During the whole of the battle over Obamacare this year, for instance, did anyone ever propose to repeal and replace fee-for-service medicine with team medicine? Yet as Atul Gawande showed eight years ago in the New Yorker (, the difference between the two largely explains why the Mayo Clinic in Rochester, Minnesota, could treat its Medicare patients for half the cost required to treat Medicare patients in McAllen, Texas—with results that were just as good or better. While we can’t abolish fee-for-service medicine by fiat, the ACA already does much to encourage team medicine, and changes in the ACA law—backed by years of evidence—could accelerate this development.

New changes could likewise encourage health care providers to make a single, all-inclusive charge for a course of treatment rather than a list of charges that have to be individually calculated in hospitals and clinics and individually vetted by insurance companies always seeking items to challenge or exclude. If you dine at a restaurant, you don’t get separately billed for the food, the use of a table, the chef’s cooking, and the services of the waiter—though you’re admittedly prompted to tip the latter. But getting treated for just about anything now means getting billed for a list of services. Last month, after having the wax cleaned out of my ears at a clinic in Charlottesville, Virginia, I got a doctor’s bill for $213 and a clinic bill for $175—a total of nearly $400. If the clinic managers and the doctors who work there could operate as a team, they should be able to set an all-inclusive price for wax removal or any other treatment they provide. Doing so would lower the cost of treatment by lowering the clerical costs of multiple billing, multiple calculations, and multiple vetting. (Some doctors’ offices require at least one full-time employee just to handle billing and insurance claims.)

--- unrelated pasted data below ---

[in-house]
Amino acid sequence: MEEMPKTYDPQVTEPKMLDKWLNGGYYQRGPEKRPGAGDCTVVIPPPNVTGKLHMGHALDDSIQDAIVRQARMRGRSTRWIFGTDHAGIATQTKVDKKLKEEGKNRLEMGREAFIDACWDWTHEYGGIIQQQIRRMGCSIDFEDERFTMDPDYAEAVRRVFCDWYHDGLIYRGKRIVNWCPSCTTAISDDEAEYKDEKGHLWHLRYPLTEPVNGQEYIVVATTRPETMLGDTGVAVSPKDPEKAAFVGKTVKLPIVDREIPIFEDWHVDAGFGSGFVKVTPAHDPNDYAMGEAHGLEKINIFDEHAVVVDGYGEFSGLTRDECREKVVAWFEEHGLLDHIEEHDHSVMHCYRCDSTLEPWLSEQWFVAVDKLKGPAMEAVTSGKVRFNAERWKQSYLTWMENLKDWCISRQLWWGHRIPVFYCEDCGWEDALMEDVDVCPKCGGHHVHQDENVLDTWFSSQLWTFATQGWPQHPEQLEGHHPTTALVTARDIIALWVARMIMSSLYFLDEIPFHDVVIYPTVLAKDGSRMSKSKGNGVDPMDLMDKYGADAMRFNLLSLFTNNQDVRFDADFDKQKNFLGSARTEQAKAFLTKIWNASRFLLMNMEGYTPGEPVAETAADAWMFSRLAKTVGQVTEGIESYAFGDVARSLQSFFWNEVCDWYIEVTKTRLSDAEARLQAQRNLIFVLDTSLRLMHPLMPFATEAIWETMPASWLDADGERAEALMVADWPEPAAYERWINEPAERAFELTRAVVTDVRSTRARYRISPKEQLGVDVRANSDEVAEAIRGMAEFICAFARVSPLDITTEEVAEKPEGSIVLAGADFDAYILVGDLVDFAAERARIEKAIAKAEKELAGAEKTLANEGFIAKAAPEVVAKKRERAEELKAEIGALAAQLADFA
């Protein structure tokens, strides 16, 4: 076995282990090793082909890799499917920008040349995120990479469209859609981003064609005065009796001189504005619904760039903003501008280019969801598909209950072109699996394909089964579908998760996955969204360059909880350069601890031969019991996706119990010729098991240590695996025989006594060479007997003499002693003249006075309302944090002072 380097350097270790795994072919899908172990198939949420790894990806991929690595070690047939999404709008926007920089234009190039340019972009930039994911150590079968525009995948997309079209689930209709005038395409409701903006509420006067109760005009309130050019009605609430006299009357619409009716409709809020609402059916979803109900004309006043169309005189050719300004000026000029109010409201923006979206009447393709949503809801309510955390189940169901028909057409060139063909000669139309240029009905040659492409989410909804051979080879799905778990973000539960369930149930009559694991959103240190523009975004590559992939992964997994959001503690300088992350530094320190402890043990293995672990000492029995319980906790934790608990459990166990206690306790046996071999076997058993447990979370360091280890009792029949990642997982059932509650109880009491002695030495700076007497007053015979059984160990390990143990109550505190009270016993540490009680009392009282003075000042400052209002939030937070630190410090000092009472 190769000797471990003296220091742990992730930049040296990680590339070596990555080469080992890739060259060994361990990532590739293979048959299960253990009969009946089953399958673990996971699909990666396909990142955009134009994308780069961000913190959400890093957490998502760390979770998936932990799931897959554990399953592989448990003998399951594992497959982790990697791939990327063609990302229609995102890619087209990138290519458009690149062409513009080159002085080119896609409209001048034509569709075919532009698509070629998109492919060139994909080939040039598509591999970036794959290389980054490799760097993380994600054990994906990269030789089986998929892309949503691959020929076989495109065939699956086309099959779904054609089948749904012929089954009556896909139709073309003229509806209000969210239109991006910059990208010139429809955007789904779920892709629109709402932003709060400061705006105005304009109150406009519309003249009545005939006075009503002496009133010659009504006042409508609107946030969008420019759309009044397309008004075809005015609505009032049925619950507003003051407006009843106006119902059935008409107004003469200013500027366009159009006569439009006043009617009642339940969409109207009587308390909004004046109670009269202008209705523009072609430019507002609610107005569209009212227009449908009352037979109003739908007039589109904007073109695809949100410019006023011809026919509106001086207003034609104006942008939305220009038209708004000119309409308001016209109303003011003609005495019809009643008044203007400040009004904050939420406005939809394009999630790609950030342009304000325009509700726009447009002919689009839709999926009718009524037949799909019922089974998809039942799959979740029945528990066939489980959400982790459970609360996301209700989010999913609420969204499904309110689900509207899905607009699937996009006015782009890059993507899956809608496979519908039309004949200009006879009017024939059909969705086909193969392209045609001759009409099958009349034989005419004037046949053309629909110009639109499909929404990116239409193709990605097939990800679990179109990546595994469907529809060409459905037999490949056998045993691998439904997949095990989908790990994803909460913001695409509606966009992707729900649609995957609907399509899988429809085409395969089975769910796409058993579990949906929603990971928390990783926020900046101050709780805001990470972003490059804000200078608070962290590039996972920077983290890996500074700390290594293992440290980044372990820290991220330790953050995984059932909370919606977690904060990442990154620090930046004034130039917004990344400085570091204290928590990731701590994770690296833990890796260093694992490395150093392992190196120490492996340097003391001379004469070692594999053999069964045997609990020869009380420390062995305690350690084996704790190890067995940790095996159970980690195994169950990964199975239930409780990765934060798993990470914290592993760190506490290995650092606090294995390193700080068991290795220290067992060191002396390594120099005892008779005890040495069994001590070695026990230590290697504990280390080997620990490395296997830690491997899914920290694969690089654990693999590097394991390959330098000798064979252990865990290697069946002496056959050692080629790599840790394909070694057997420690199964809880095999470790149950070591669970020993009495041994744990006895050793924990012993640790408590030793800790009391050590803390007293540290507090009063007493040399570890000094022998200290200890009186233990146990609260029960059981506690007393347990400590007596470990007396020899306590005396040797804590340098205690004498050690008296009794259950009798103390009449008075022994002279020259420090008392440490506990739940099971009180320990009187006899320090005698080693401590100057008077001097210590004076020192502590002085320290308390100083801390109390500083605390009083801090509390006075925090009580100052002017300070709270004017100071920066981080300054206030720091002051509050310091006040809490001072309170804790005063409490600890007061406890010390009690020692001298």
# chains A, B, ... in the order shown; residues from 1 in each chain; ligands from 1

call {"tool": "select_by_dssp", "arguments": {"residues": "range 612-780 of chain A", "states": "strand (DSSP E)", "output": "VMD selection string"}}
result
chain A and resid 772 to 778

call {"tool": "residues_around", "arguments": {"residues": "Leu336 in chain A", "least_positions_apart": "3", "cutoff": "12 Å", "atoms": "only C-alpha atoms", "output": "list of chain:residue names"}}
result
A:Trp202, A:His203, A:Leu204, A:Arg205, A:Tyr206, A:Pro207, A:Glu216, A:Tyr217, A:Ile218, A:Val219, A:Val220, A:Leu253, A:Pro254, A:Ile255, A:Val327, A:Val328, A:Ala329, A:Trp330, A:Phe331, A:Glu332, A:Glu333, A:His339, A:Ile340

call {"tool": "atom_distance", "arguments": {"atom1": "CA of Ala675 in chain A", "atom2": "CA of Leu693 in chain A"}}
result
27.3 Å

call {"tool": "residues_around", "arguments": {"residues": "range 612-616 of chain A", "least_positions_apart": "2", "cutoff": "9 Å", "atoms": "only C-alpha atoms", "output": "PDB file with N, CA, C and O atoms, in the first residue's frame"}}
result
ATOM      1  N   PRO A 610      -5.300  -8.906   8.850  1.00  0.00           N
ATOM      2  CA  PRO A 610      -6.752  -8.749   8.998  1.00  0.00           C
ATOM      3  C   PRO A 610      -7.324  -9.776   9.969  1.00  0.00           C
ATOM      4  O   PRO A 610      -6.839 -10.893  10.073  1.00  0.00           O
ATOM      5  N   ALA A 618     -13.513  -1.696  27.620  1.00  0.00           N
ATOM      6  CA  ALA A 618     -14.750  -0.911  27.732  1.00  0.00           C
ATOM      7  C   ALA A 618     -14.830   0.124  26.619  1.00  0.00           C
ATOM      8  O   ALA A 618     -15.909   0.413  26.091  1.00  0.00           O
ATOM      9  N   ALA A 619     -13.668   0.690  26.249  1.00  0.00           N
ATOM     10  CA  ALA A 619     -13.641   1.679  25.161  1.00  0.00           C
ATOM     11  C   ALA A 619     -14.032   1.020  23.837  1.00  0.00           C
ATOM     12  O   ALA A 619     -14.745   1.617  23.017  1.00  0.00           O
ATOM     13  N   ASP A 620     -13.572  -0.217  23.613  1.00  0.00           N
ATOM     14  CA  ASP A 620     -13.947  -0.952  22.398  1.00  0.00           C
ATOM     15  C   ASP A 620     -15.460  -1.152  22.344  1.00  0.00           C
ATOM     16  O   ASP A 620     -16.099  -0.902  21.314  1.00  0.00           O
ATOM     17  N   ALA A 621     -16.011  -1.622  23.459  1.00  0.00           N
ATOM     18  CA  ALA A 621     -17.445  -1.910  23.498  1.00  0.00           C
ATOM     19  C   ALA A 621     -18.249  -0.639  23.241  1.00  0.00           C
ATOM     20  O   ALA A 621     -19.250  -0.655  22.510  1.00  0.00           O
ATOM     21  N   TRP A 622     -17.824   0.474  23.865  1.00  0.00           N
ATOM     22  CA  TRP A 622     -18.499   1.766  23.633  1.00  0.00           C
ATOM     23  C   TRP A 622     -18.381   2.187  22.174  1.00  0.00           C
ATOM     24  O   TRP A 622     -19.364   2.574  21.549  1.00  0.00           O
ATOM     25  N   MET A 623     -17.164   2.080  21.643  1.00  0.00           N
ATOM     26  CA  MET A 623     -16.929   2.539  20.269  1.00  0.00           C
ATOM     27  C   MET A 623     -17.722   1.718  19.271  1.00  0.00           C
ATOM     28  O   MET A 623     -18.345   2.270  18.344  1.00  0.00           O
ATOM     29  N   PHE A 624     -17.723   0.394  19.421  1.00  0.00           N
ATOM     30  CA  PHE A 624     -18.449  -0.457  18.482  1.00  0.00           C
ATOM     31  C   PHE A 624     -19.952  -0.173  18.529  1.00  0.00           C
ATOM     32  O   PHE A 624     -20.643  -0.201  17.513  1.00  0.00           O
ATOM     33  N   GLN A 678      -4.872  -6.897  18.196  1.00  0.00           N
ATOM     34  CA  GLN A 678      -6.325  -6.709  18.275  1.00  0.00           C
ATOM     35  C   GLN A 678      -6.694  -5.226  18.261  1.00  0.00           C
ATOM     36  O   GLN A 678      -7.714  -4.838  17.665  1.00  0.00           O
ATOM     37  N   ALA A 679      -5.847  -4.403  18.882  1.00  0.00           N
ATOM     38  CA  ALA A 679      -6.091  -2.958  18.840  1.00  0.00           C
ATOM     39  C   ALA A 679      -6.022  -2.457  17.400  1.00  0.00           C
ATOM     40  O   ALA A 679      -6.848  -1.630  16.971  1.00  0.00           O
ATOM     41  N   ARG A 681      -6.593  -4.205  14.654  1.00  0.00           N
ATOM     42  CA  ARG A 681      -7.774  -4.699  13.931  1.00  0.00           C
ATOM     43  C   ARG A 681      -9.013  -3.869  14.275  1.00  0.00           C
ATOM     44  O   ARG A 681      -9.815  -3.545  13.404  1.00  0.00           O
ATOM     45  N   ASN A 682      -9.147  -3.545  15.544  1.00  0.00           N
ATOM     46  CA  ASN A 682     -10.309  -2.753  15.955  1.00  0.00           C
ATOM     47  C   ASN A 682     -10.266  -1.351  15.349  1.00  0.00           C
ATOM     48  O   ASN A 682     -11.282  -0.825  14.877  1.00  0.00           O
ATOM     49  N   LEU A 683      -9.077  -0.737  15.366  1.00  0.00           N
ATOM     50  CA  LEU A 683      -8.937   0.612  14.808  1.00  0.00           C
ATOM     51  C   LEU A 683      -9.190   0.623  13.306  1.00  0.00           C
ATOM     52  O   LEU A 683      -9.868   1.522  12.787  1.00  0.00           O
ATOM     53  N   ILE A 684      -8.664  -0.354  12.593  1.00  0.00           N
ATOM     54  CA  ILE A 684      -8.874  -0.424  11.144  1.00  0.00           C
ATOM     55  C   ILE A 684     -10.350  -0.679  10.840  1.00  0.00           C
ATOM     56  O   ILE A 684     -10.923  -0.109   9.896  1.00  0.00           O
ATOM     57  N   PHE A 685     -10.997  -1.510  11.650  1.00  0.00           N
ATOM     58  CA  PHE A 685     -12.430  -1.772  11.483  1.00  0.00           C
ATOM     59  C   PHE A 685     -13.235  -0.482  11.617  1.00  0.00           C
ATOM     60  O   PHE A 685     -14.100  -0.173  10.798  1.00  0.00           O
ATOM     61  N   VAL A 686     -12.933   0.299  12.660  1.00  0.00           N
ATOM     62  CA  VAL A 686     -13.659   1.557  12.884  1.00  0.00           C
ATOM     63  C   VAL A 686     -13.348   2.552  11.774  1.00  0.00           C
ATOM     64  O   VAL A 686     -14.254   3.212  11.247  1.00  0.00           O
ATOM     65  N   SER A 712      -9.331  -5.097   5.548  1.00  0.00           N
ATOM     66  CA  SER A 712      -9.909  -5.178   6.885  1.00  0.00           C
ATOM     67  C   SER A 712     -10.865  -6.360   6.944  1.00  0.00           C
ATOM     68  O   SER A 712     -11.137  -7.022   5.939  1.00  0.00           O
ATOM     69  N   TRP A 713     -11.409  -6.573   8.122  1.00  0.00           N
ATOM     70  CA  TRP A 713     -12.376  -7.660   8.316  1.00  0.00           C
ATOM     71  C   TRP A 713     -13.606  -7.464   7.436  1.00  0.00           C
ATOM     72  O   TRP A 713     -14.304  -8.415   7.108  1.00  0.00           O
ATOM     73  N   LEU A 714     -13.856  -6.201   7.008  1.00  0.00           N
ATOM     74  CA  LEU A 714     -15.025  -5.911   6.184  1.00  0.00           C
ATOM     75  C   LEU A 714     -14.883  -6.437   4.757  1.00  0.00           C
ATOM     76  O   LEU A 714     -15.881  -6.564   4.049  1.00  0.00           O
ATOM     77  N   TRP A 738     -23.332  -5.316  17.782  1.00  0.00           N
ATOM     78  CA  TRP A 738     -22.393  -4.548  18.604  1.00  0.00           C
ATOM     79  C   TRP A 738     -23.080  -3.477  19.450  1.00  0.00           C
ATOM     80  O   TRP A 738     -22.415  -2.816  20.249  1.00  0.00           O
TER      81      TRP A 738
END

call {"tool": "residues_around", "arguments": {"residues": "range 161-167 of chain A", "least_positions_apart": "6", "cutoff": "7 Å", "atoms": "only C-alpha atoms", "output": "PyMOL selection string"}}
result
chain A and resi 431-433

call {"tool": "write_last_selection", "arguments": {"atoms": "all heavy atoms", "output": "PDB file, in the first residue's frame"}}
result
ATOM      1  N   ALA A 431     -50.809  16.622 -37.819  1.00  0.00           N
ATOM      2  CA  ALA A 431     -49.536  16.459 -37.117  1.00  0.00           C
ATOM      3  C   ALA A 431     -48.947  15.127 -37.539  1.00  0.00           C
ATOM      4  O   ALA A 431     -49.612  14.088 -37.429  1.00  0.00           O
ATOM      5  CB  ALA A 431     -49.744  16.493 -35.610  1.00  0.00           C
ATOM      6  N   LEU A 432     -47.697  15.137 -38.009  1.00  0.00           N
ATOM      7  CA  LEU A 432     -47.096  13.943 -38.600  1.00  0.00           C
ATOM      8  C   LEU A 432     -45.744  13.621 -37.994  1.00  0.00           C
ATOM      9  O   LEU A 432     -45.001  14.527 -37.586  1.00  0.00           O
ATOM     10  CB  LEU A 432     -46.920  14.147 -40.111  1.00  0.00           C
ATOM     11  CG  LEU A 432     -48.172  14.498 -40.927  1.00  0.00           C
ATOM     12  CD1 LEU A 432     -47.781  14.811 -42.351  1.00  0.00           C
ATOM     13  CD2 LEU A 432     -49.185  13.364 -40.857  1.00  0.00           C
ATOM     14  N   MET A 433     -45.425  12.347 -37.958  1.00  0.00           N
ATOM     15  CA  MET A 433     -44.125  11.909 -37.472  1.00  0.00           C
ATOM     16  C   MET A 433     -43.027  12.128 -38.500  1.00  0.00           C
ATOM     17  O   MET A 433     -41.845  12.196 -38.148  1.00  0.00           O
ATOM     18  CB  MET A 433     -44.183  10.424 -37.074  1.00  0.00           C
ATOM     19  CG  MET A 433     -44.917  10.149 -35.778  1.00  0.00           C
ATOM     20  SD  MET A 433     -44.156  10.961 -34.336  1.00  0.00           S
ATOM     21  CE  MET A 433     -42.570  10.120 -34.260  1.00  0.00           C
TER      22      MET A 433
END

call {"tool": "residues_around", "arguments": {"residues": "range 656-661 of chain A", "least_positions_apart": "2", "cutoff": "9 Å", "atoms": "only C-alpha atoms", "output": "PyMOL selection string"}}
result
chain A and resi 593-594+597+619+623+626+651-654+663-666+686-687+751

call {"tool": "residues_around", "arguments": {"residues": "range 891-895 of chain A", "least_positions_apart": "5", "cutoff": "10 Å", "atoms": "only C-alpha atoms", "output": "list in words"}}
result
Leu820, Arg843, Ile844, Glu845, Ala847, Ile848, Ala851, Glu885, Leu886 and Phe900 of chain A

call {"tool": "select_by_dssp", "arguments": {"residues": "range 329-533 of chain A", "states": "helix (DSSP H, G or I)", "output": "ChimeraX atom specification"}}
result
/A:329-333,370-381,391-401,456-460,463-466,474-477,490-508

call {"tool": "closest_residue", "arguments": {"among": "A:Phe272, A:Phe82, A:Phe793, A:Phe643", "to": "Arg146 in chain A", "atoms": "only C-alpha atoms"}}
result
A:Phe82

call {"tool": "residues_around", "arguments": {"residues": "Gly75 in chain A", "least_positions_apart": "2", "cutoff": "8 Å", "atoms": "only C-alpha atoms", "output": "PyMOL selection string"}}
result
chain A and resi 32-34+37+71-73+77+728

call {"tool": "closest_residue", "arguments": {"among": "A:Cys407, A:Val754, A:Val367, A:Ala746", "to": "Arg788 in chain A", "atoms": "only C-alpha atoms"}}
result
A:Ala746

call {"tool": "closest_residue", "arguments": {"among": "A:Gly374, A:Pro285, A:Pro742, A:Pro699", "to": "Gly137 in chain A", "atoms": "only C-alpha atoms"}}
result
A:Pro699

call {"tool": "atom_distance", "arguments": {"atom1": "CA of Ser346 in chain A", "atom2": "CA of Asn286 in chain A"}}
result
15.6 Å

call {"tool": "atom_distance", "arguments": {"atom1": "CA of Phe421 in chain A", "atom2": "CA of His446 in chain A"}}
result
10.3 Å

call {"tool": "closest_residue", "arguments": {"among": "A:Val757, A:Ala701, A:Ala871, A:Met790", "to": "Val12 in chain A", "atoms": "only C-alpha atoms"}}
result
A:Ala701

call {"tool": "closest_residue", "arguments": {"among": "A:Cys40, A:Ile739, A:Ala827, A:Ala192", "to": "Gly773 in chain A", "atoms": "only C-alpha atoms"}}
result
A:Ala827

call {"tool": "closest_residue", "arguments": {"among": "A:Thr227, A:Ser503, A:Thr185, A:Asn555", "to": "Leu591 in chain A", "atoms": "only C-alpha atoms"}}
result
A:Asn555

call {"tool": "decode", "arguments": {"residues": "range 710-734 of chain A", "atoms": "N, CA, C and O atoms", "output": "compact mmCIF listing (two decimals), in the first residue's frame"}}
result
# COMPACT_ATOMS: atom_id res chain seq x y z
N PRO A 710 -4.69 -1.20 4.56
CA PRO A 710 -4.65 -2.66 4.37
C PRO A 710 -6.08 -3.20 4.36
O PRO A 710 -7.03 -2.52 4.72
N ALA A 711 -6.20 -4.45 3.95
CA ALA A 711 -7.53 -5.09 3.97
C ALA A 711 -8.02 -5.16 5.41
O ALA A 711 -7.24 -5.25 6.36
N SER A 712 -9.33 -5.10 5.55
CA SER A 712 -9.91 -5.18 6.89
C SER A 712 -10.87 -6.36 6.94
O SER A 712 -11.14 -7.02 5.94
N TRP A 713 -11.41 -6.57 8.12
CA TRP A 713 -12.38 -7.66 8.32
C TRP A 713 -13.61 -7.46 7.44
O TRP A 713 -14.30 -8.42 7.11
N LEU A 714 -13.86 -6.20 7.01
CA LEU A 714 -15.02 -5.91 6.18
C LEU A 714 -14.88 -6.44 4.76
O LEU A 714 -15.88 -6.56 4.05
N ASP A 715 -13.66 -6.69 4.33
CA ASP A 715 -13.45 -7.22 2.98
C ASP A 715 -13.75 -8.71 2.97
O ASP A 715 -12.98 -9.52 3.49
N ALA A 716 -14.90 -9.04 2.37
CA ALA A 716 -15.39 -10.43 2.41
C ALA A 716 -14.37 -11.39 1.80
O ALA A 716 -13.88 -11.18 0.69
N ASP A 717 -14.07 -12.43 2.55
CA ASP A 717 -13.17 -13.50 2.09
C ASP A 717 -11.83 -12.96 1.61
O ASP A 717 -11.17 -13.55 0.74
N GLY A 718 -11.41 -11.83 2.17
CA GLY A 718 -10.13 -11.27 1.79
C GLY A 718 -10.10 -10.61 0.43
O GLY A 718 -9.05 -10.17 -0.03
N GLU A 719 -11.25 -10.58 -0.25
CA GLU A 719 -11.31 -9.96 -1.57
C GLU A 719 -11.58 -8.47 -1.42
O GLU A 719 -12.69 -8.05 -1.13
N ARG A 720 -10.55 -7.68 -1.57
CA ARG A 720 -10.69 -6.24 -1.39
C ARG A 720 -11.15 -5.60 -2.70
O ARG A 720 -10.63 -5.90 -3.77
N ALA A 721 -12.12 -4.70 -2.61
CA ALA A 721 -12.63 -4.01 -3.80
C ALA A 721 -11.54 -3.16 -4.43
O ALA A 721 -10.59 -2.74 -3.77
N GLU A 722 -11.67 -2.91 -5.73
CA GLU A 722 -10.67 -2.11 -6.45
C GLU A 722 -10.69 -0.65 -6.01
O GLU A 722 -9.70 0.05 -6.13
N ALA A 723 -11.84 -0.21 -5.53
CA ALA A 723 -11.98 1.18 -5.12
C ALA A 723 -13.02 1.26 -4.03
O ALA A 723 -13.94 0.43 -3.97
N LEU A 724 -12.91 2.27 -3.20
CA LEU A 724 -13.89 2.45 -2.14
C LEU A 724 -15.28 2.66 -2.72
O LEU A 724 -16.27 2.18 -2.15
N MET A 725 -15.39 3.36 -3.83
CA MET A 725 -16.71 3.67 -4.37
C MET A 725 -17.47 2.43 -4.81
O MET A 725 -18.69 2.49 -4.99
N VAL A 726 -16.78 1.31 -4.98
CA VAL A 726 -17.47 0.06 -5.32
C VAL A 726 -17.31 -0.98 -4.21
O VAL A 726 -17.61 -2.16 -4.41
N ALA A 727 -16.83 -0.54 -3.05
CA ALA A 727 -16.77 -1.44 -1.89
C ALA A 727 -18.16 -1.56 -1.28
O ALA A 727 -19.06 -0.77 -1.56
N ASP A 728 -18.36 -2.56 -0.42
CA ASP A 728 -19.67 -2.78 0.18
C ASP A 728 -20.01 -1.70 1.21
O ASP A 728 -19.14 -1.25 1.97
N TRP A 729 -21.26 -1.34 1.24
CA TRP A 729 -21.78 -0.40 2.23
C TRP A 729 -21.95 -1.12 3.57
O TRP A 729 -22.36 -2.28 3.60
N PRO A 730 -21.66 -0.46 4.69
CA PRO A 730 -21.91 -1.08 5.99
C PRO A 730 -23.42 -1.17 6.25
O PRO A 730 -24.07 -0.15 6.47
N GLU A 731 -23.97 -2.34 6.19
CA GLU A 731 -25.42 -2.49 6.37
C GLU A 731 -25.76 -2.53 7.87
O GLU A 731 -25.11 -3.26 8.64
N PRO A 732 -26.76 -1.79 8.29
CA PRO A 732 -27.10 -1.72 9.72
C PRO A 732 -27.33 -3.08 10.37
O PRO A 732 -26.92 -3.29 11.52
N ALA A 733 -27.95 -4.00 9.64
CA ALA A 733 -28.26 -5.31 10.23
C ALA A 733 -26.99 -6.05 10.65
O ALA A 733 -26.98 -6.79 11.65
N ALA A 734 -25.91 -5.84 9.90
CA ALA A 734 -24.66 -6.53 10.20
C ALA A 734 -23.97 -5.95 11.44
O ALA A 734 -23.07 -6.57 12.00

It is also high time that Medicare, Medicaid, and all other health insurers should be allowed to negotiate with Big Pharma over the cost of the drugs they cover. Since Big Pharma develops many of its drugs with the aid of research funded by taxpayer dollars, there is no reason why it can’t be asked to pay us back by lowering its prices.

Another major problem is that doctors and hospitals alike have a built-in conflict of interests. While supposedly aiming to serve the needs of their patient populations, they also feel bound to serve their own needs: performing operations, especially high-priced ones, and keeping hospital beds filled. No federal law or mandate can resolve this basic conflict, but there are ways of mitigating it. In his New Yorker article, Gawande reports that the Mayo Clinic once had a patient whose heart condition could be treated either by an expensive, invasive operation that required several days of hospitalization or by a much less expensive procedure requiring no hospitalization at all. Since only the more expensive option was covered by Medicare, the clinic had good reason to choose that. Instead it chose what was best for the patient. But since we can hardly rely on other health care providers to put their patients’ needs ahead of their own interests, the ACA could and should be revised to at least narrow the gap between these two things.

But first of course Republicans and Democrats in Congress will have to narrow the political gap between their two parties. They can start by asking themselves a tough question: what specific things can we do to lower or at least limit the cost of health insurance for all Americans while preserving essential benefits?